A lost workforce – why mothers of disabled children give up their careers

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Inspired by this recent post by the brilliant Penny Wincer and this old one from the equally marvellous Jess (whose Stories With Sam posts are always a considered, informative, honest look at parenthood and disability), I wanted to chime in with some more thoughts on this subject.

I haven’t worked since May 2014. In giving up my job, I am one the 84% – the staggeringly high proportion of mothers of disabled children who do not work, according to The Papworth Trust. And yet, bringing up a disabled child costs an average of three times more than raising a typical child. Coming at this from the inside, these figures stagger but don’t surprise me.

Reading the Trusts’ facts and figures sheet was pretty depressing. Disability within a household brings extra costs, yet is often a factor in lower incomes and greater poverty. There’s no escaping from the fact that statistically, disability negatively affects pretty much everything from education to work to transport to holidays. That’s not to say that all lives affected by disability are sad (if there’s one thing I can’t stand, it’s pity) but it can be tough, especially financially.

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It’s hard to want to leave this face and go to work but I do want to – not least because that chair he’s sitting in (a beanbag with a moulded seat – costs around £1,400 to buy. Ouch.

Interested in other people’s stories, I asked in my closed Facebook group why other mums had stopped working, what industries they had left and what struggles they faced. The same themes came up again and again…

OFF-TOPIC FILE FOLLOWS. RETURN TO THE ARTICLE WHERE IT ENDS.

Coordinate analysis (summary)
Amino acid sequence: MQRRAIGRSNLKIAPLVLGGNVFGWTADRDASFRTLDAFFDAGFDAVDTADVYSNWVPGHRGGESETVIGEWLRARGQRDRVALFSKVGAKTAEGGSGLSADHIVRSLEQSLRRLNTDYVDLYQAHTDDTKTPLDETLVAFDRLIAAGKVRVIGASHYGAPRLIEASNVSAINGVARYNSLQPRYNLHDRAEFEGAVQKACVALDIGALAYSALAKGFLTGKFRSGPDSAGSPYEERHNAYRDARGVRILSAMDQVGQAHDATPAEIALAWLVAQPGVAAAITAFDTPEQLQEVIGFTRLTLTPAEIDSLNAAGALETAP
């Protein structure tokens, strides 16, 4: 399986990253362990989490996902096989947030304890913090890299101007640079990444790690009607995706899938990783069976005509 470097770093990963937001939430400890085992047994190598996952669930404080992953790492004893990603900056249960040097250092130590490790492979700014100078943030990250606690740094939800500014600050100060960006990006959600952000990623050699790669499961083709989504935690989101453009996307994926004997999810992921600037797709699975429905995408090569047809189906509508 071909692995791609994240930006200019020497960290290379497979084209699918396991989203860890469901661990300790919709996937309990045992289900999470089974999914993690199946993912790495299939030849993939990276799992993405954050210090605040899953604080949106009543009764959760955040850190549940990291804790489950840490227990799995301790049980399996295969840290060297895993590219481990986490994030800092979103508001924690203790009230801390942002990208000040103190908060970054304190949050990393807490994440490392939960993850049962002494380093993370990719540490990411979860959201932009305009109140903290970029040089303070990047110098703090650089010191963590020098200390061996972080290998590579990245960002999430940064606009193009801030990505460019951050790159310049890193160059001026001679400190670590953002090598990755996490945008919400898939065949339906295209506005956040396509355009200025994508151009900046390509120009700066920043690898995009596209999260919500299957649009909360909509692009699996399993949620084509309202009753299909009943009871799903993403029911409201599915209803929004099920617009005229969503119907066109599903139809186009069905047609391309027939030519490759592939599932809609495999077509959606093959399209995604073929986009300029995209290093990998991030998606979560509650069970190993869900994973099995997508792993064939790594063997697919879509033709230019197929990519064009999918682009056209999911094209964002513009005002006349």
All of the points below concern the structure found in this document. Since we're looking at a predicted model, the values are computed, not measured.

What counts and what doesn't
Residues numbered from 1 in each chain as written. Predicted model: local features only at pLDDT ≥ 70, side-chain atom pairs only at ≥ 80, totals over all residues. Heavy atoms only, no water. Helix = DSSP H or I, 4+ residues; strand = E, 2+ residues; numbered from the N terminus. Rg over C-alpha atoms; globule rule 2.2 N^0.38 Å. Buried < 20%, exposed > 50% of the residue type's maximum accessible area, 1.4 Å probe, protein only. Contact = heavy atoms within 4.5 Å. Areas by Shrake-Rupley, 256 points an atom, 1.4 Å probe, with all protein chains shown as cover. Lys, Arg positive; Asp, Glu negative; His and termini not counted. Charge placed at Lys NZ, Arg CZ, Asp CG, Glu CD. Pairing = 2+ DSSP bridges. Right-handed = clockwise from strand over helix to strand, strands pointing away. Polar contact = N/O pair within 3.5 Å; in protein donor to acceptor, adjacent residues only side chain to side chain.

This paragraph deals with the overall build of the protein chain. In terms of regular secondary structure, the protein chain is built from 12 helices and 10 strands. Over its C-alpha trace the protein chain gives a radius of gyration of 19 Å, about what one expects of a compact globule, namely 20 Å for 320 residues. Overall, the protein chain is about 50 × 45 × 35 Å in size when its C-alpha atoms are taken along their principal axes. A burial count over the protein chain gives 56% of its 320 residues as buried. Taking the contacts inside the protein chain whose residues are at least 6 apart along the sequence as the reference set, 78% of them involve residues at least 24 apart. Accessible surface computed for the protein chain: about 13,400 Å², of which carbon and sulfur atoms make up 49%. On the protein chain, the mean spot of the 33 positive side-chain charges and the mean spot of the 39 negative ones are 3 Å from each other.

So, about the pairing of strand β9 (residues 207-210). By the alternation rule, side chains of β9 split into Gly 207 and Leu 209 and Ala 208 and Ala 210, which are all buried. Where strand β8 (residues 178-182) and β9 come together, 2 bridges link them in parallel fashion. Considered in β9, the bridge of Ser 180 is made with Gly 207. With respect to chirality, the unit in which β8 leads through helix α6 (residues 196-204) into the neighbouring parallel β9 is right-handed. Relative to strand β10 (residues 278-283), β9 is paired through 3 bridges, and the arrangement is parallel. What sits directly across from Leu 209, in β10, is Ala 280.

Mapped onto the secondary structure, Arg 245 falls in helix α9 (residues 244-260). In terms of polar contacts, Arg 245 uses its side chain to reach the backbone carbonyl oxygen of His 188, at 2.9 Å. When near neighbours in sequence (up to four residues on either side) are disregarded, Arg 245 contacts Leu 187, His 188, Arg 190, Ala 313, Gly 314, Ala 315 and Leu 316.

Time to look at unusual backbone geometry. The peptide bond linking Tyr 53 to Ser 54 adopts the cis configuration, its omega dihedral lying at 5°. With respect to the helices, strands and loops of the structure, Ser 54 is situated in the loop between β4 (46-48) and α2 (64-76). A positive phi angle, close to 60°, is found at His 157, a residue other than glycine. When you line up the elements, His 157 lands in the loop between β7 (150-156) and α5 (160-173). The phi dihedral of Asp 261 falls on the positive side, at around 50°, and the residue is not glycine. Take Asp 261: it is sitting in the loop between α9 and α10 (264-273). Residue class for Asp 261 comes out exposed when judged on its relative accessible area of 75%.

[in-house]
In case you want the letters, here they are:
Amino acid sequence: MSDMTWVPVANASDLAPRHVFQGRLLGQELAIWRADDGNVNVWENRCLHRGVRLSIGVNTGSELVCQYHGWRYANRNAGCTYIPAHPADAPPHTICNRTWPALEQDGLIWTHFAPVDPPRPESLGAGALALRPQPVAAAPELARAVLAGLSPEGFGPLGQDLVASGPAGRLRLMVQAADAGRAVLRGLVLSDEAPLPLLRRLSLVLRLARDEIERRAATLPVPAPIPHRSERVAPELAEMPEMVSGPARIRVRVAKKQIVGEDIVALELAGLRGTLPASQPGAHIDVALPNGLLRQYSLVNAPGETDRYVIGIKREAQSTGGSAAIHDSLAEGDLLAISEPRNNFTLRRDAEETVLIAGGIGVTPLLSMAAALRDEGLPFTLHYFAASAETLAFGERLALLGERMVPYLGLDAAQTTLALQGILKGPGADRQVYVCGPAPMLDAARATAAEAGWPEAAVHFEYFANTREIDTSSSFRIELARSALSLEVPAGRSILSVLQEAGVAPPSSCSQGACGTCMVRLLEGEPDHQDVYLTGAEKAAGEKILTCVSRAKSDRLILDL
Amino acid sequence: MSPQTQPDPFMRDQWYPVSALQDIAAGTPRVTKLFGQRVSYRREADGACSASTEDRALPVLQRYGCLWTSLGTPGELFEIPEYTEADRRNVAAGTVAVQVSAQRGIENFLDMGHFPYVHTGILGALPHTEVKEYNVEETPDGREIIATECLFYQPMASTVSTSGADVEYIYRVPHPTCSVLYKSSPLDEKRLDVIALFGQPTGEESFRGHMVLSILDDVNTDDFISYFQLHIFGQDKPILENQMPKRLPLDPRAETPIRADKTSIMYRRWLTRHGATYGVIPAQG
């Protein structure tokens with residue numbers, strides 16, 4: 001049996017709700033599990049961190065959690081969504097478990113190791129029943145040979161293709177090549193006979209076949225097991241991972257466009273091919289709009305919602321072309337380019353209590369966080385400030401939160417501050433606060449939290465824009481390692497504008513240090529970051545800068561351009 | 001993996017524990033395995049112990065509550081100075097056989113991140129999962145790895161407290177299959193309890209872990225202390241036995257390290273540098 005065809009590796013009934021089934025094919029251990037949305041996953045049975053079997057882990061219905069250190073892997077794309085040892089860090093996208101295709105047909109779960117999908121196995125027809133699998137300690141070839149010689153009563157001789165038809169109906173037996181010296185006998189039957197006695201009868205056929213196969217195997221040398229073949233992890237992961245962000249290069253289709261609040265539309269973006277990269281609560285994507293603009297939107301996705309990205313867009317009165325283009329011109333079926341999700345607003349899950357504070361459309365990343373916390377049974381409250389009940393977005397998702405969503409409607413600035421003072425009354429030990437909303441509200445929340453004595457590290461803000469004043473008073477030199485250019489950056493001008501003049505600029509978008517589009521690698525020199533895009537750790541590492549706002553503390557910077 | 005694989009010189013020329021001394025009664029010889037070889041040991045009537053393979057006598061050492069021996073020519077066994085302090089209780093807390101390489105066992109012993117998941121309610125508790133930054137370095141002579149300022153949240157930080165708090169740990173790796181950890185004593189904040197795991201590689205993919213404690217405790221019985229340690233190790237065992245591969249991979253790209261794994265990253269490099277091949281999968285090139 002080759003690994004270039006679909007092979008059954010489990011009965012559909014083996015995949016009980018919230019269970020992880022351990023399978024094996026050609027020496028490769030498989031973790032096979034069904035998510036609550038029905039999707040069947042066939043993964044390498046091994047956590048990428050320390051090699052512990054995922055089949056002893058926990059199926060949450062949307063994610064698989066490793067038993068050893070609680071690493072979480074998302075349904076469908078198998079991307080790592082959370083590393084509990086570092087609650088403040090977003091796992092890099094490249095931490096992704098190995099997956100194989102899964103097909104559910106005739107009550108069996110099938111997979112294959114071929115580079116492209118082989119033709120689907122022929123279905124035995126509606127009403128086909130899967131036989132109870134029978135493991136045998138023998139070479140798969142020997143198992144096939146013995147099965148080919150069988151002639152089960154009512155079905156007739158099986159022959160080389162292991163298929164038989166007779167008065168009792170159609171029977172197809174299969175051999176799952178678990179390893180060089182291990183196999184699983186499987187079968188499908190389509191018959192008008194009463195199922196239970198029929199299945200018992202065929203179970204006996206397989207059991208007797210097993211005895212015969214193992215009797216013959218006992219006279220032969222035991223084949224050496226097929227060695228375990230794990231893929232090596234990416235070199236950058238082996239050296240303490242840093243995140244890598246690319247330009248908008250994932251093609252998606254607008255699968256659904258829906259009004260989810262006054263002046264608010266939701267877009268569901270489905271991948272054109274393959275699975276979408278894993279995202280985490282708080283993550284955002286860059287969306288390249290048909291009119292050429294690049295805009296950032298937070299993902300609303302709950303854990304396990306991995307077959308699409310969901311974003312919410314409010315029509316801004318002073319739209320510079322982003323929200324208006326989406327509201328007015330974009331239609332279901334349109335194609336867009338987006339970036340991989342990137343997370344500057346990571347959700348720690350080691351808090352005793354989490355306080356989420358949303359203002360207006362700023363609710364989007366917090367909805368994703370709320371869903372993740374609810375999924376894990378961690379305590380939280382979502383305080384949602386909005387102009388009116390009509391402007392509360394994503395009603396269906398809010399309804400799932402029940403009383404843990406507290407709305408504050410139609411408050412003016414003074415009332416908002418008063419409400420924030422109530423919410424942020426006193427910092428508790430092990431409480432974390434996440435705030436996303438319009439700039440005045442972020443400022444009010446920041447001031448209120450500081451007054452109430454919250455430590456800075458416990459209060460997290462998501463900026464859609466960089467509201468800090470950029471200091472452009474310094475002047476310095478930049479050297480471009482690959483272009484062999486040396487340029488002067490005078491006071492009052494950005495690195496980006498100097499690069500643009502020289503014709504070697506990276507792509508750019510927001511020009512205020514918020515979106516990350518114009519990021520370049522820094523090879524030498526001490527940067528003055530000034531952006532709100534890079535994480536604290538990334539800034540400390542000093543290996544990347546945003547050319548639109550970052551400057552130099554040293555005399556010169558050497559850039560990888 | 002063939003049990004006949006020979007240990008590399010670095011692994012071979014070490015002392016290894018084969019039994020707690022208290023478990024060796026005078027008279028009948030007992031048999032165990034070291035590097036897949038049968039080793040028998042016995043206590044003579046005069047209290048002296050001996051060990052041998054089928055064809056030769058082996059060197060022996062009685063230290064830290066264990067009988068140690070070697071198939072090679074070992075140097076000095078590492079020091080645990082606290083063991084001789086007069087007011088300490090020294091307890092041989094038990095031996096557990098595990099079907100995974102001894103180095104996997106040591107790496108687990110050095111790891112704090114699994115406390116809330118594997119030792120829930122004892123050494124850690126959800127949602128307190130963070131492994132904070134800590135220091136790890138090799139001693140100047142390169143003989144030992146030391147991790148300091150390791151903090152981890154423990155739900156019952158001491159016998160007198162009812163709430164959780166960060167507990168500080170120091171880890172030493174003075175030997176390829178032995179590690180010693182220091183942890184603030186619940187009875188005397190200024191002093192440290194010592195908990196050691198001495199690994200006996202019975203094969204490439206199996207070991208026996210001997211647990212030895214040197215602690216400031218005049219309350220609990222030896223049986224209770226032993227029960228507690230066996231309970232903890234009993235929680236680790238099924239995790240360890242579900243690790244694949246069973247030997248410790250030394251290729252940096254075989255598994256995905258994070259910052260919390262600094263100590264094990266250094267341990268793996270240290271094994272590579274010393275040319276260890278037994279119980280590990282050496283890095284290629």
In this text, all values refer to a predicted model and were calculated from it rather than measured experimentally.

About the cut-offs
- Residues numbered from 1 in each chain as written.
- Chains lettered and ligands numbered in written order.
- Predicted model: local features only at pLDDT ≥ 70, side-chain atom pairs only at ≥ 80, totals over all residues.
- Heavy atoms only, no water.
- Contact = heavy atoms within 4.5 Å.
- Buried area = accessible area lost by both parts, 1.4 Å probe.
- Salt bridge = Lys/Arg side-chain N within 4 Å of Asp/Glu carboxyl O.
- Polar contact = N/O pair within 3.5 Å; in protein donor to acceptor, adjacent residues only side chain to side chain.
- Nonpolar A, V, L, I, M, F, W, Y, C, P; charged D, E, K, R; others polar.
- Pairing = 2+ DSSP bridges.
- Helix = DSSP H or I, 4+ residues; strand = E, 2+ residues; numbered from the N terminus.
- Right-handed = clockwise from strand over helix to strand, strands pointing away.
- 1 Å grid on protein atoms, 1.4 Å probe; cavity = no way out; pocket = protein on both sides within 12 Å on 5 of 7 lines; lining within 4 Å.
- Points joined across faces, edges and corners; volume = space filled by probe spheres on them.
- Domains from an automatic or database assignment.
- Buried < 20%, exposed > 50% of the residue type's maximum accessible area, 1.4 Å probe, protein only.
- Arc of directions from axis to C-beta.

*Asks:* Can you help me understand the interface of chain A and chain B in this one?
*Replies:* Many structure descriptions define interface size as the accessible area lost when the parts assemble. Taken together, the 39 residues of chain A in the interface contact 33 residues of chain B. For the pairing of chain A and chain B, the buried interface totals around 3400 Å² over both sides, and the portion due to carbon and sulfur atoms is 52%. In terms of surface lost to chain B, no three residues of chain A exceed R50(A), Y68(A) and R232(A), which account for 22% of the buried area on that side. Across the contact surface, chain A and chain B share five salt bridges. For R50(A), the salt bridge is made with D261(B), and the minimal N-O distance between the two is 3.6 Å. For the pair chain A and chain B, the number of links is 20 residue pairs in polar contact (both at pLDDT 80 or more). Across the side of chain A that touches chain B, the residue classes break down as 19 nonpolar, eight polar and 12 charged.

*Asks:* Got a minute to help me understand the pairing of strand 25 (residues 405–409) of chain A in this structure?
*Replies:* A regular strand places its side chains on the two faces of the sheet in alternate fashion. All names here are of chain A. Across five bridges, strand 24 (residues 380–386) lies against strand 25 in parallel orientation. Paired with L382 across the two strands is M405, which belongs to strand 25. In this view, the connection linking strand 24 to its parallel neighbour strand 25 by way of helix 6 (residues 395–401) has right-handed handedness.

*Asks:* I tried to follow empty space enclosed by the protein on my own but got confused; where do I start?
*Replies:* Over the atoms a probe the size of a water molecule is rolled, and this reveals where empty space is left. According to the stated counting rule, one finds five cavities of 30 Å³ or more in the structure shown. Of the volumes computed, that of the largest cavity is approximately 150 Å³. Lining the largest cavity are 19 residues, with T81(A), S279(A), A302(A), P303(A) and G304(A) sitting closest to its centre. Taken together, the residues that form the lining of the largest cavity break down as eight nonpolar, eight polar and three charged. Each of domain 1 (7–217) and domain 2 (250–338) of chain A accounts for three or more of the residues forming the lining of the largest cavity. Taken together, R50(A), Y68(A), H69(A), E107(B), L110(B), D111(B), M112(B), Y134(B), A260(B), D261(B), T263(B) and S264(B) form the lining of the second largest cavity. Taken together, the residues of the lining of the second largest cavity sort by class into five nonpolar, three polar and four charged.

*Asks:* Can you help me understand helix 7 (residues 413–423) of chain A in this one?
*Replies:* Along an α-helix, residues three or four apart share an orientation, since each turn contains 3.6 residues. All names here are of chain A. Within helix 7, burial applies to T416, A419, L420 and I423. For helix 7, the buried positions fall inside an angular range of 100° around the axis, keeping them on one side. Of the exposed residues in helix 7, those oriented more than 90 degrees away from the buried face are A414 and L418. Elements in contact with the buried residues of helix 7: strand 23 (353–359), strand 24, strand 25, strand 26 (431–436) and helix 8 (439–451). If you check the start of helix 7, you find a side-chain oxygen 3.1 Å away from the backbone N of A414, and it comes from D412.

• Appointments, appointments, appointments
    I cannot emphasise how many appointments a child with a disability can face, particularly if they are also medically fragile.The first year is particularly full-on but the cycle continues week in, week out, year after year. These are a few of the professionals that might be involved: physiotherapists, occupational therapists, speech and language therapists, paediatricians, dietitians, neurologists, opthamologists, cardiologists, gastroenterologists, health visitors, orthotics, orthopaedic surgeons, GPs, psychologists. You’ll have seating clinics, feeding clinics, movement clinics, breathing clinics, swallow studies, x-rays…  These will be a mix of weekly, fortnightly, monthly, biannually, yearly and totally out of the blue hospital admission for everything from a cold that quickly turns to pneumonia to a prolonged seizure.And while many of these refer to the most severely affected disabled children, every single child faces a fairly busy appointment schedule. Can you imagine trying to build even 2-3 of these into a working week, every week?
  • Lack of flexibilty from employers 
    Many of the mums I asked had been denied flexible working – their employers were unable (or unwilling) to offer part-time positions, or job shares or work from home options. While there were some success stories (I’ll get to those later), there were plenty of others who just couldn’t get their employers to be flexible enough. And even when it was an option many mums came up against…
  • Childcare issues
    Choosing the perfect stranger to care for your children isn’t always easy, but when your child is not typical, it becomes so much harder to trust them to another person. For a child that requires extra care or 1:1 attention it is even harder for a mum to let go. You are acutely aware that inadequate care could be life-threatening for your kid, and this is the kind of underlying anxiety many mothers live with. Plus, there is definite prejudice against taking a disabled child on at some nurseries. Not only are there accessibility issues, there is a fear of caring for them and a lack of funds to provide equipment and support (I know councils and nurseries will say that’s not the case but I have SEEN it happen to friends). Not every setting is open to you, in the way it is for parents of neurotypical kids. And as they get bigger and older, it gets worse.